As part of the announcement, OMB, on behalf of the Cross-Agency Priority Goal: Results-Oriented Accountability for Grants Executive Steering Committee (ESC), also published an infosheet explaining how the Standard Grants Management Data Elements fits within the broader federal government goal of “maximizing the value of grant funding by applying a risk-based, data-driven framework that balances compliance requirements with demonstrating successful results for the American taxpayer.”
This post was originally published on May 1, 2017 and updated on July 23, 2019.
The Office of Management and Budget (OMB) is an Executive Branch office that oversees the implementation of the President of the United States’ vision across government agencies (WhiteHouse.gov – OMB). This relates to the grant programs implemented by federal agencies and affects how they are managed, their budgets, and the forms applicants complete when applying for a grant.
As federal agencies continue their move towards a more data-centric approach to grants management, areas like grantee risk assessment and performance evaluation are positioned to reap the early benefits of the ongoing data revolution in government.
On June 6, attendees at the Department of Health and Human Services (HHS) Grants Management Conference in Shady Grove, MD were given glimpses of how data can be leveraged to help achieve mission objectives more effectively and efficiently.
At HHS, improving efficiency by even a single percentage point can mean billions of dollars saved, said Michael Peckham, who heads up the Reinvent Grants Management initiative at HHS.
In fiscal year 2018, for example, about 67% of all federal grants came from HHS, totaling about $509 billion. Peckham, citing a study by the Federal Demonstration Partnership, said that an estimated 44% of awarded grant funds are spent on grantor and grantee overhead.
“Imagine creating efficiencies and reducing administrative burden by 1% annually” and utilizing those funds for mission objectives, he said.
In fact, a range of data-related reforms are already being rolled out and tested within HHS. These efforts are laying the foundation for the more efficient and effective use of federal grant funds in the coming years.
“While the topics focus primarily on fiscal issues, there are important concepts included in the trainings that are applicable to anyone involved in grants activities, either programmatic or fiscal,” reads a description of the resource.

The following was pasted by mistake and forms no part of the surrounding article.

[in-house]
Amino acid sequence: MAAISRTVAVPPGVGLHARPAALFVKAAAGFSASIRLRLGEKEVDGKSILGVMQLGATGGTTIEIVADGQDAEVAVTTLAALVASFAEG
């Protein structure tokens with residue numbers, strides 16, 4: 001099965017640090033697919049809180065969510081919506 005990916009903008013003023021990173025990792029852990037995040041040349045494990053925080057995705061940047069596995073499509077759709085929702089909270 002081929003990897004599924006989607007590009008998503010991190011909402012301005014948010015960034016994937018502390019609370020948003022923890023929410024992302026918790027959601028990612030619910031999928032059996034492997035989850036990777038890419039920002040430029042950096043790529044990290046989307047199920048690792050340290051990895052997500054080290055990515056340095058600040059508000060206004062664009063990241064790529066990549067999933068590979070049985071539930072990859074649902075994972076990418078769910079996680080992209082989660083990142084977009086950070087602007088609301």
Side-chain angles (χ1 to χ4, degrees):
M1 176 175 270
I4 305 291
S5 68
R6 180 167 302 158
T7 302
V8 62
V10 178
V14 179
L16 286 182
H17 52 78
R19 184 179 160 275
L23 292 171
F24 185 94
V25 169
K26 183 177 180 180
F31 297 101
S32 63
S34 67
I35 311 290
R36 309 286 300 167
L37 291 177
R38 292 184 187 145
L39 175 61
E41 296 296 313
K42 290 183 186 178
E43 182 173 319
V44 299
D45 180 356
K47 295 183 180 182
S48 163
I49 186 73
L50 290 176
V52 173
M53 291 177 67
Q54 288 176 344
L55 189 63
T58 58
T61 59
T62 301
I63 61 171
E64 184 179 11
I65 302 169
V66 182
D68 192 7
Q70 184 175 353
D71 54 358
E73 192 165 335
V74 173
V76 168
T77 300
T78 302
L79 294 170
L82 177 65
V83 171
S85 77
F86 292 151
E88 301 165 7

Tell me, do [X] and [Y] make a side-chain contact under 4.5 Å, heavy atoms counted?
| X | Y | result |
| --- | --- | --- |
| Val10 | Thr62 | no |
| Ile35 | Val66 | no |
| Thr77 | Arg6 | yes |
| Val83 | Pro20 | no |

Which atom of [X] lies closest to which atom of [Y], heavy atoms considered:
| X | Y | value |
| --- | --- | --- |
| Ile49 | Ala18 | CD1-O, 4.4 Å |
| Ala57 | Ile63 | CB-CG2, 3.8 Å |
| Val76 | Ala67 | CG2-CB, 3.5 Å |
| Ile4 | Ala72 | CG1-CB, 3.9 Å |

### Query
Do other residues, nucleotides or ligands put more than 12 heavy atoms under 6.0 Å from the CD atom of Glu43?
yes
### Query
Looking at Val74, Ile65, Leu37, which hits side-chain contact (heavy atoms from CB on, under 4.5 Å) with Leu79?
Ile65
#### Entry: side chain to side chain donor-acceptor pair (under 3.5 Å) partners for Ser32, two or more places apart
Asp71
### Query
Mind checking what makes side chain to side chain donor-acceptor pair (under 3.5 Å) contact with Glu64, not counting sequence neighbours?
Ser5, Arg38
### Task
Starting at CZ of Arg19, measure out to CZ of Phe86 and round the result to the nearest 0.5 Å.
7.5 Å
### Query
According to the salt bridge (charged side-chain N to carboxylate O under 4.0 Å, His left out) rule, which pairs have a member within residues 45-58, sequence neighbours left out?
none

“The Office of Management and Budget (OMB) initially developed its Grants 101 Training for federal government employees, but now these eLearning modules are available as a resource for you.” Read More >
A memorandum released by the Office of Management and Budget (OMB) on September 5, 2018, outlined a range of steps that the Federal Government is taking to reduce grant recipient reporting burden. You can read the memo in full here.
Below, we highlight a few of the key takeaways relevant to the federal grants community:
While telling a story about a vacation to Venice, Italy, Gil Tran, Senior Policy Analyst for the Office of Management and Budget (OMB), described Venice as a beautiful and unique city where, “you’re always going to get lost when you’re in it.” Despite its layout, he said, “When you get lost, that’s when you discover all the gems.”
According to Tran, this is how grant professionals ought to dive into and enjoy the OMB Uniform Guidance (or the “Uniform Administrative Requirements, Cost Principles, and Audit Requirements for Federal Awards” for those who prefer its full name). Immerse yourselves and get lost, only to discover the wonderful “nuggets” of regulations governing your federal award experience.
While many of you may have a less enchanted, more pragmatic approach to grant administration, you nonetheless need to know the latest about the Uniform Guidance.
Do you want the grants training for federal grant managers? The Office of Management and Budget (OMB) initially developed the Grants 101 Training for federal government employees, but now these eLearning modules are available as a resource for you.
The 2017 fiscal year has been an important one for federal government grants. Milestones include the completion of a Digital Accountability and Transparency Act of 2014 (DATA Act) pilot program and the release of the OMB M-17-26 Reducing Burden for Federal Agencies by Rescinding and Modifying OMB Memorandum.
For seasoned grant professionals, you have probably heard about the DATA Act and are familiar with memos from OMB that provide new guidance on how to better manage and implement grants.